I.“There is something special about their relationship, something not simply reducible to teacher and devotee, and all attempts to hedge and prevaricate about its nature merely render its energy more palpable. The unspoken bond between them reverberates through even the highly muted accounts in the canonical gospels, while the Nag Hammadi gospels make no bones about naming this energy for what it is. …
With her come the cadences of gentleness and forgiveness, the sounding of that core vibration of love.”
Cynthia Bourgeault, “The Meaning of Mary Magdalene: Discovering the Woman at the Heart of Christianity”
II.“Finally at the heart of the Christian mystery there are only two people; this is the mystery of Jesus and Mary Magdalene.”
Michael Haag, “The Quest for Mary Magdalene”
III. “I saw the Lord in a vision and I said to Him, Lord I saw you today in a vision. He answered and said to me, Blessed are you that you did not waver at the sight of Me. For where the heart is there is the treasure.”
The Gospel of Mary Magdalene
In December 1945 a magnificent archaeological discovery was made, as it often happens entirely by accident: an Arab peasant dug out a jar containing papyrus books bound in leather. They were the Gnostic Gospels, buried in the desert by early church authorities, ready to see the light of day only in the twentieth century. Although they were written around the time or possibly a little earlier than the four canonical gospels, they were deemed so dangerous that somebody decided to make them disappear for centuries. They unveiled a hidden face of Christianity, namely its connections with Eastern mystical traditions, and a crucial role of women in early church; furthermore, they criticized the concept of virgin birth and bodily resurrection as stemming from a tendency to misconstrue what is symbolic and inner as literal and outer. But arguably the most sensational content of those apocryphal texts was related to the role of Mary Magdalene. The shocking lines of the Gospel of Philip (described as a Tantric gospel) read:
“. . . the companion of the [Savior is] Mary Magdalene. [But Christ loved] her more than [all] the disciples, and used to kiss her [often] on her [mouth]. The rest of [the disciples were offended] . . . They said to him, ‘Why do you love her more than all of us?’ The Savior answered and said to them, ‘Why do I not love you as (I love) her?’”
Some Biblical scholars have argued, however, that this is nothing new, as the extraordinarily special role of Mary Magdalene can be gleaned from the canonical gospels if read devoid of years of orthodox prejudice. Cynthia Bourgeault, an Episcopal priest and a mystic, lays a convincing claim that the four canonical gospels, if read inquisitively, make a strong case for Mary Magdalene’s special role. She was the first witness of the resurrection and the first one to announce it in public. Before Jesus died she anointed him with priceless perfume that she brought in an alabaster jar. By performing this ritual she recognized him as the Messiah (the Anointed One):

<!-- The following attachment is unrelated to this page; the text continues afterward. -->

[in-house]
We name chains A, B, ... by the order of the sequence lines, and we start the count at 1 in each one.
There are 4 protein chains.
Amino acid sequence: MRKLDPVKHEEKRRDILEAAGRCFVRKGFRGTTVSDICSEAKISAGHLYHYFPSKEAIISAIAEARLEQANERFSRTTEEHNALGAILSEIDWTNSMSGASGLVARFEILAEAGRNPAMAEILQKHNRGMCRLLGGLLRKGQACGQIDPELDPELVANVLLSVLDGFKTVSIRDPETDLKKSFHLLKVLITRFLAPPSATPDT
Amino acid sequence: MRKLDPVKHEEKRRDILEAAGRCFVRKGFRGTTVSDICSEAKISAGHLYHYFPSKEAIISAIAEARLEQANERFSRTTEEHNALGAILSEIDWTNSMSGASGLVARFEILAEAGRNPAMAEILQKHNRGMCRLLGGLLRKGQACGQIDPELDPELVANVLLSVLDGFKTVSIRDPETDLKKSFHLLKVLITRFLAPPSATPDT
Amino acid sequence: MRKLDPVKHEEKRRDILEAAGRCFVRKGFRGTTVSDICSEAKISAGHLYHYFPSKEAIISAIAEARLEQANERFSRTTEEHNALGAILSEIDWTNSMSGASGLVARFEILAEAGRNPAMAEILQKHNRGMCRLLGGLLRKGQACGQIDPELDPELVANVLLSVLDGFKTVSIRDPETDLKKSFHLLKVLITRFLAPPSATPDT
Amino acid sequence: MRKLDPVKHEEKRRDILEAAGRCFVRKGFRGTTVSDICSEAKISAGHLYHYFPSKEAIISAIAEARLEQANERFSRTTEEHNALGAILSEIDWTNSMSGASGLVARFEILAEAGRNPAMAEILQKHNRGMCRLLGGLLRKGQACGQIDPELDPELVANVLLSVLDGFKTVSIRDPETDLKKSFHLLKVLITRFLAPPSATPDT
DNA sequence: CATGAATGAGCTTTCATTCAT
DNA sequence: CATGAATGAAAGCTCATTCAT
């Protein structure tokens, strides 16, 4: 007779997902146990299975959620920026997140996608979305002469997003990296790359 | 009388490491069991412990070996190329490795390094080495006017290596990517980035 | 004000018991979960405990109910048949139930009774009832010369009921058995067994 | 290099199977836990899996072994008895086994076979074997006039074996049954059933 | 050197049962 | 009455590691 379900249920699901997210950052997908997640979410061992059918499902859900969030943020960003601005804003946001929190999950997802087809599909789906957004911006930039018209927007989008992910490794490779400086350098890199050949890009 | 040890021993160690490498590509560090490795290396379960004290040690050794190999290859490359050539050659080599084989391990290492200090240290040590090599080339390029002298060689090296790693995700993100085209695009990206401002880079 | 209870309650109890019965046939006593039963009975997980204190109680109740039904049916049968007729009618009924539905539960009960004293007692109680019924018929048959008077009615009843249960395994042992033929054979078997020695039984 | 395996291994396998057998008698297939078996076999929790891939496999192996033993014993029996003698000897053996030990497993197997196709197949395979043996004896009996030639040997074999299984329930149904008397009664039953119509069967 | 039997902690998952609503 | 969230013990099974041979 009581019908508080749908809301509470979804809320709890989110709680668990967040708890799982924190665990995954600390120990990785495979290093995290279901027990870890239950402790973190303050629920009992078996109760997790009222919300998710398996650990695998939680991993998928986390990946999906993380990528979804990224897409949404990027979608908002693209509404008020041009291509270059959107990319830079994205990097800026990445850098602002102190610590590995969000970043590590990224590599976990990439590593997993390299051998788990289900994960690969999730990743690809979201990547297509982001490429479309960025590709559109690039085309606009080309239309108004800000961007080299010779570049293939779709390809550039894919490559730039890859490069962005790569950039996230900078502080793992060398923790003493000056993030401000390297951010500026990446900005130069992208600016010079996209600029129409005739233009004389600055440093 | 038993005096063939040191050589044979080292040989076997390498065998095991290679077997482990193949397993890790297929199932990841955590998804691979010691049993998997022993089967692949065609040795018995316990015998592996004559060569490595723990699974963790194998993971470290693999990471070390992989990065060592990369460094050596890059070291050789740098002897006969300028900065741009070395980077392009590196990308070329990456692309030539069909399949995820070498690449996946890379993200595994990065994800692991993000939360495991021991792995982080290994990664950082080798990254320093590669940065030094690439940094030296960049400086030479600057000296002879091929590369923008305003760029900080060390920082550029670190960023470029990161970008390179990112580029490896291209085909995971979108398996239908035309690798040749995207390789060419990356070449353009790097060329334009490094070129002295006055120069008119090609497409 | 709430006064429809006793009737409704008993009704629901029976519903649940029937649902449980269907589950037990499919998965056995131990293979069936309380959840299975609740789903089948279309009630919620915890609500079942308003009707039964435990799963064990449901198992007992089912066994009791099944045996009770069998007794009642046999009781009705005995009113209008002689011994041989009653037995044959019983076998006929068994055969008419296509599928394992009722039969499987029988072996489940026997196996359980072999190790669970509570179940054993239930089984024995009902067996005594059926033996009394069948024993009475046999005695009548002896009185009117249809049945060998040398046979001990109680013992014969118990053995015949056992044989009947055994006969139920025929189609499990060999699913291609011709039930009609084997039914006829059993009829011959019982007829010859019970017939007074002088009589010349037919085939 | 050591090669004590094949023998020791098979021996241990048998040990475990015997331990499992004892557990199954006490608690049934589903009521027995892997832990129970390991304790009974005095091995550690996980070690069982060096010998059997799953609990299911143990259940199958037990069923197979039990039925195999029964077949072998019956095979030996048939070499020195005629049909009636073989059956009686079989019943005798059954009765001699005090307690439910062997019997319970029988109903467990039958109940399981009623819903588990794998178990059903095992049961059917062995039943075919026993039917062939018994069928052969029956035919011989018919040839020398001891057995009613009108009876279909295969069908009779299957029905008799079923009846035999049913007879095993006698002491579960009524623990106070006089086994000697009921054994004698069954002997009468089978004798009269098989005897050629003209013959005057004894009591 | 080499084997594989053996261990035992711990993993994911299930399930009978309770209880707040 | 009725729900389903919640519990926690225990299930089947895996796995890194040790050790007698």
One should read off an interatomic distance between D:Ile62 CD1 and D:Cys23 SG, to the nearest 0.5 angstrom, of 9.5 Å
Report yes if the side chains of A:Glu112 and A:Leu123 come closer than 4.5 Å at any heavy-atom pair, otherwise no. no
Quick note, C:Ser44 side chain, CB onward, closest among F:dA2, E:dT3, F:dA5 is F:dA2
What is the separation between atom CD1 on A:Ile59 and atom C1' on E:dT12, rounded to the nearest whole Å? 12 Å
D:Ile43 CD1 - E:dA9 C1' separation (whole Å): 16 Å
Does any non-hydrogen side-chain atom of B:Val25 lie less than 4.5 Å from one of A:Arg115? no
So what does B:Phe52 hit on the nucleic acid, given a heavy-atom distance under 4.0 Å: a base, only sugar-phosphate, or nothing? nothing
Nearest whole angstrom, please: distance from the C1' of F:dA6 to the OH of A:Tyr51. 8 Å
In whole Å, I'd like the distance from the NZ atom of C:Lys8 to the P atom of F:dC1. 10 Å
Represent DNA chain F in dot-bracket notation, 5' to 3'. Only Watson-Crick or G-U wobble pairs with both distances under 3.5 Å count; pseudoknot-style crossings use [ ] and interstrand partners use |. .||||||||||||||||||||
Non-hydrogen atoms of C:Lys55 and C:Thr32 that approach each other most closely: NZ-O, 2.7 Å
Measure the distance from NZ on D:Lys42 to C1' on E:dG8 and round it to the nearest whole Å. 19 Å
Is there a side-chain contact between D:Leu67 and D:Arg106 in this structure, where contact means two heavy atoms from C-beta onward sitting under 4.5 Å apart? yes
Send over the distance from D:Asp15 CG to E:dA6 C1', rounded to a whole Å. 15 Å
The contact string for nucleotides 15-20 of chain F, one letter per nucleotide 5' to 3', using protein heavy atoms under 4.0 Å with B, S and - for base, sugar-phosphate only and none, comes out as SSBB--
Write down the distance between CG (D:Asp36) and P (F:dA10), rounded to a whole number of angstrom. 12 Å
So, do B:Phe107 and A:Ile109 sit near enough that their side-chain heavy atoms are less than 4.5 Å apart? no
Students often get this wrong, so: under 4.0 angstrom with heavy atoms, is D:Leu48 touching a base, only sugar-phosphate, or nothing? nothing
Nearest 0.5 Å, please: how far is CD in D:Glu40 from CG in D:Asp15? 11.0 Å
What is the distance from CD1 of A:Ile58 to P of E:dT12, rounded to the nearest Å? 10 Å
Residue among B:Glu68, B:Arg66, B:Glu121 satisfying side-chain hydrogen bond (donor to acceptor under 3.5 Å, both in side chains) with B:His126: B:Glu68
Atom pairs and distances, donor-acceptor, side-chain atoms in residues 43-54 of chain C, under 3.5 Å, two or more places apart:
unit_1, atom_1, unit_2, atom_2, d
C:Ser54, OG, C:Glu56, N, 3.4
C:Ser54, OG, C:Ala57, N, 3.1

“Mary then took a pound of very costly perfume of pure nard, and anointed the feet of Jesus and wiped His feet with her hair; and the house was filled with the fragrance of the perfume.”
Moreover, all four gospels portray her in the role of “apostle to the apostles,” not only the first witness to the resurrection, but the first to announce it publicly. Bourgeault makes a firm claim that she was first among the apostles, as the one who fully got the message and was able to reach a spiritual realization unavailable to the other followers. She is consistently portrayed as the one who “knows”, as the one who has reached the true gnosis:
“It is not just a knowing from the head; it’s a knowing with the entire being. The Hebrew term which it translates is da’ath, which is also the word used for “lovemaking” (as in “David entered Bathsheba’s tent and ‘knew’ her”). Gnosis speaks of a complete, integral knowing uniting body, mind, and heart—and by its very largeness connecting the seen and the unseen.”
True Gnosis comes from the heart; it is as much of the body as of the mind. According to Bourgeault, the central message of Jesus, which was profoundly understood and embodied by Mary Magdalene, is a blending of “incarnational and Platonic elements,” “a profoundly incarnational, warm-hearted, and hopeful path, where the realms support and interpenetrate each other and divine fullness is accessed simply by keeping the heart in natural alignment with its invisible prototype.” Bourgeault goes on to suggest that early Christianity was not in the least bit ascetic. Most of the Apostles were married, including St Peter, the first Pope, and it just stands to reason that so was Jesus. He was certainly at ease with women, contrary to the customs and taboos of his time. In a famous passage in the Gospel of John, he speaks with a woman from Samaria drawing water from a well. He converses with to her on equal terms though he is a male Jew, which for his contemporaries offered enough reasons to ignore her. But his message was about openness and inclusiveness. Further, all that Jesus taught seems to contradict the idea of celibacy, which, as Bourgeault points out, is connected with “conserving, collecting, concentrating,” its shadow side being avarice, storing up, withholding, not sharing of one’s essence. Bourgeault concludes:
“By contrast, the path that Jesus himself seems to teach and model in his life, and particularly in his death, is not a storing up but a complete pouring out. His pranic energy is quickly depleted; on the cross, as all four gospel accounts affirm, he does not hold out even until sunset, but quickly “gives up the ghost.” Shattered and totally spent, he simply disappears into his death. The core icon of the Christian faith, the watershed moment from which it all emerges, is not enstatic but ecstatic—love completely poured out, expended, squandered.”